President Trump’s Science Advisor Leads Conference Call with Government Science Leaders from Around the World on COVID-19
The Second Conference Call in a Series: WHOSTP Director Leads Scientific Diplomacy on COVID-19
THE WHITE HOUSE
Office of Science and Technology Policy
FOR IMMEDIATE RELEASE
March 12, 2020
Today, the Director of the White House Office of Science and Technology Policy, Dr. Kelvin Droegemeier, and Member of President’s Trump Task Force on Coronavirus, again led convening government science leaders including science ministers and chief advisors from Australia, Brazil, Canada, Germany, India, Italy, Japan, New Zealand, Singapore, Republic of Korea, and the United Kingdom to share information on integrating science into the COVID-19 response. Following the first call last week, we’ll continue ongoing scientific diplomacy weekly.
“Each of us has an important role and obligation to play in addressing the global outbreak of COVID-19. As chief science advisors, we have a firm understanding as to how critical it is for public health to bring the best available science and data to the forefront to assist in the development of solutions. This series of international collaboration efforts on science has led to actions on data sharing, access to COVID-19-related data and publications, and global unification for the health and safety of our citizens. From this international dialogue, the United States can build on the whole-of-government approach being led by Vice President Mike Pence’s team and the great work of the Trump Administration,” said the White House Office of Science and Technology Policy Director, Dr. Kelvin Droegemeier.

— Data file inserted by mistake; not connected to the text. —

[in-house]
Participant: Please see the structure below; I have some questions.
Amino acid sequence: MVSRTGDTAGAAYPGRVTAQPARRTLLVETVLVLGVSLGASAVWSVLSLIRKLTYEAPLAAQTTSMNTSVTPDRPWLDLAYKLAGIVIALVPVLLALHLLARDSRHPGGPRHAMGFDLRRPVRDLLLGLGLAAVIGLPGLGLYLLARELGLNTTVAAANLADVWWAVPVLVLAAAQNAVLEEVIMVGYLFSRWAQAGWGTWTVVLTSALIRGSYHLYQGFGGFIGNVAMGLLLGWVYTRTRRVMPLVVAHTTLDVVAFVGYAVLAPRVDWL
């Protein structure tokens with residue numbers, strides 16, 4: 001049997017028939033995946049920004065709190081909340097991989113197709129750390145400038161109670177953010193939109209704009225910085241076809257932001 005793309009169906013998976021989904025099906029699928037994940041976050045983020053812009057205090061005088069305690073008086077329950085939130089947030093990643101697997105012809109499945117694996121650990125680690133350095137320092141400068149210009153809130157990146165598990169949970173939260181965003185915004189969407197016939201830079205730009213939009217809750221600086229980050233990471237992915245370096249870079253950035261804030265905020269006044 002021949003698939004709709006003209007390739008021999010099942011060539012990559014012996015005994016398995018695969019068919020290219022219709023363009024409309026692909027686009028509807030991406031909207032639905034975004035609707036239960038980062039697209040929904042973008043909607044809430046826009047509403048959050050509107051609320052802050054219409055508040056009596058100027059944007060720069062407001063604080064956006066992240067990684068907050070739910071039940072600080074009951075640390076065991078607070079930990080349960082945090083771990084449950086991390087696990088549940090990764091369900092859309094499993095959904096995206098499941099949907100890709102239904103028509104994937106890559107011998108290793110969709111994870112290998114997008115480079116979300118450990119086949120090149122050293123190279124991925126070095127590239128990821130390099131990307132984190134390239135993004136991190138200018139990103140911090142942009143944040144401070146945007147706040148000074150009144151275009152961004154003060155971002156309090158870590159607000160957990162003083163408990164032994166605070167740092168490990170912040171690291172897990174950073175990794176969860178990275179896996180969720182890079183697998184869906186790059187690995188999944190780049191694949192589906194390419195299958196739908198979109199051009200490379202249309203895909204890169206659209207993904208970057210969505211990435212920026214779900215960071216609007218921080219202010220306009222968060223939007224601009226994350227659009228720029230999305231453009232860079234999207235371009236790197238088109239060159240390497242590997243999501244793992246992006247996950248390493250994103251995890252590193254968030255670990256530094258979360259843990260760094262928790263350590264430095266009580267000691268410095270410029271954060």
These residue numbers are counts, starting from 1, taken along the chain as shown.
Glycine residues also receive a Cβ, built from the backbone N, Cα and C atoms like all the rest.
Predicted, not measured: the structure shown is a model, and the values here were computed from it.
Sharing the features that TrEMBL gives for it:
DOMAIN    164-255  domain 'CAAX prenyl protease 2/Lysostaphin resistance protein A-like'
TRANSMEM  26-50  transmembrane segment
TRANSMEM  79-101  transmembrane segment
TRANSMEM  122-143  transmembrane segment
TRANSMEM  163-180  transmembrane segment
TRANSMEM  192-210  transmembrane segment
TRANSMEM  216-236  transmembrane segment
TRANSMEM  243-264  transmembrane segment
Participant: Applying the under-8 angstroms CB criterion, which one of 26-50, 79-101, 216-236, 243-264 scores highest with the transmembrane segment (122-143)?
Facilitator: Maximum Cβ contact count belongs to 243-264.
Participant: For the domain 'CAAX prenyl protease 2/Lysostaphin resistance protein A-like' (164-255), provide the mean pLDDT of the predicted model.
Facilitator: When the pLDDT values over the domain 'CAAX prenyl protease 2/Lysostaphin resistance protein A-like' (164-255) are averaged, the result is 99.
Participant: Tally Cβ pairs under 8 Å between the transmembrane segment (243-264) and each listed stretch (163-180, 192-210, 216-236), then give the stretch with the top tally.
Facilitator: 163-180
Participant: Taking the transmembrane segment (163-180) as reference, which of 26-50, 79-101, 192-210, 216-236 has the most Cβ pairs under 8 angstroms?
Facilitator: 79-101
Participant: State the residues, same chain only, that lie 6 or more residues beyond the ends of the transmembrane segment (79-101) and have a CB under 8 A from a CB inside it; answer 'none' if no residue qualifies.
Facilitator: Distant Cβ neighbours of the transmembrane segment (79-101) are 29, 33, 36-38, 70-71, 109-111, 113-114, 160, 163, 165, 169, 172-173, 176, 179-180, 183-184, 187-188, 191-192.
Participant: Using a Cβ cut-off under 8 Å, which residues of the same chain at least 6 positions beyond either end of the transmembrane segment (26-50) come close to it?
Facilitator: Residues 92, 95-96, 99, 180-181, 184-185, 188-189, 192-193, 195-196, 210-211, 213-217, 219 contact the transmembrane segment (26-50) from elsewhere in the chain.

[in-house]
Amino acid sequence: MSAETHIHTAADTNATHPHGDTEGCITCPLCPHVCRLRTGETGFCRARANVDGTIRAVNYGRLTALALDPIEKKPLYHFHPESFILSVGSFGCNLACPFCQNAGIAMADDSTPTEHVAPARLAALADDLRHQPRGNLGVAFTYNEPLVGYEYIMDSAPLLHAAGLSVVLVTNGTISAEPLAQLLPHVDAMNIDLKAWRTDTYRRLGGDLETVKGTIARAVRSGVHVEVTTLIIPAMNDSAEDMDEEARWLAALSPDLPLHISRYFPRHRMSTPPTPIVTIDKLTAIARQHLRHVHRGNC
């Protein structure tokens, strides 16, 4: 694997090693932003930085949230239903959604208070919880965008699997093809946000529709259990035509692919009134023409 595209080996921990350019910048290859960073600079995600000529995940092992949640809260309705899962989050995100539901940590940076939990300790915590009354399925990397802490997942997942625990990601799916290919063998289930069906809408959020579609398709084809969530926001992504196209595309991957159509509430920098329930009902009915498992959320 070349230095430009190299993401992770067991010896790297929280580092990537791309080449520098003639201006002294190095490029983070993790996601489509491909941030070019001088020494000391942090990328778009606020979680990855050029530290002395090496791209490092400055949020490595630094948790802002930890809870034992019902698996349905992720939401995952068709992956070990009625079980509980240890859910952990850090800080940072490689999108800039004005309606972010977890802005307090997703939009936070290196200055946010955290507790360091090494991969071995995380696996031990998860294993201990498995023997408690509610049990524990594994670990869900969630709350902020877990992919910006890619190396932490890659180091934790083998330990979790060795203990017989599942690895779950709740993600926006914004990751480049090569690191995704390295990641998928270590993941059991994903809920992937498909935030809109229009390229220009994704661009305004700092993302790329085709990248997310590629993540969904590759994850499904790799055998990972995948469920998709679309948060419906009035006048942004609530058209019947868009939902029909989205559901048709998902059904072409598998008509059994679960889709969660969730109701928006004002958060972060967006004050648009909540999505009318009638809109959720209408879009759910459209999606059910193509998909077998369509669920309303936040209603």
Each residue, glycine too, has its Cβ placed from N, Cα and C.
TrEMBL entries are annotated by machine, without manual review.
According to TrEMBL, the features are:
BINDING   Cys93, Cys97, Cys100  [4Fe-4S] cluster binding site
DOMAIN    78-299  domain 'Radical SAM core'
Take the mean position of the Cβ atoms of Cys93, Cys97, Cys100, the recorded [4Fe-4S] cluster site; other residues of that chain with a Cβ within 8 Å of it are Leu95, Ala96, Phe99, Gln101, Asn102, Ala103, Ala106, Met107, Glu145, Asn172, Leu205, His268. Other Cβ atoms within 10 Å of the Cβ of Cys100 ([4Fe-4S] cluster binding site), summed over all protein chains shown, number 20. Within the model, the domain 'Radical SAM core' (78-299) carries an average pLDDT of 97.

Highlights from the Call:
Dr. Kelvin Droegemeier provided the following takeaways from the conference call:
- Participants overwhelmingly supported efforts to make immediately available COVID-19 relevant peer-reviewed publications, data, and related research in PubMed Central and/or other publicly accessible repositories.
- Publicly available and timely data and publications is critical for addressing emerging infectious disease outbreaks.
- Artificial Intelligence (AI) can be used to organize and synthesize certain data and information to expedite this process.
- To ensure accessibility, ideally, data should be disseminated in machine and human readable formats, with broad rights for re-use and secondary analyses.
- AI tools and analyses should also be made publicly available in a timely manner.
- The science leaders discussed opportunities to promote and strengthen common data repositories, such as the Global Initiative on Sharing All Influenza Data (GISAID).
- Participants discussed responses to their stages of disease management and updated the group on cases from their countries.
For more information about the Coronavirus, please visit: https://www.cdc.gov/coronavirus/2019-ncov/index.html.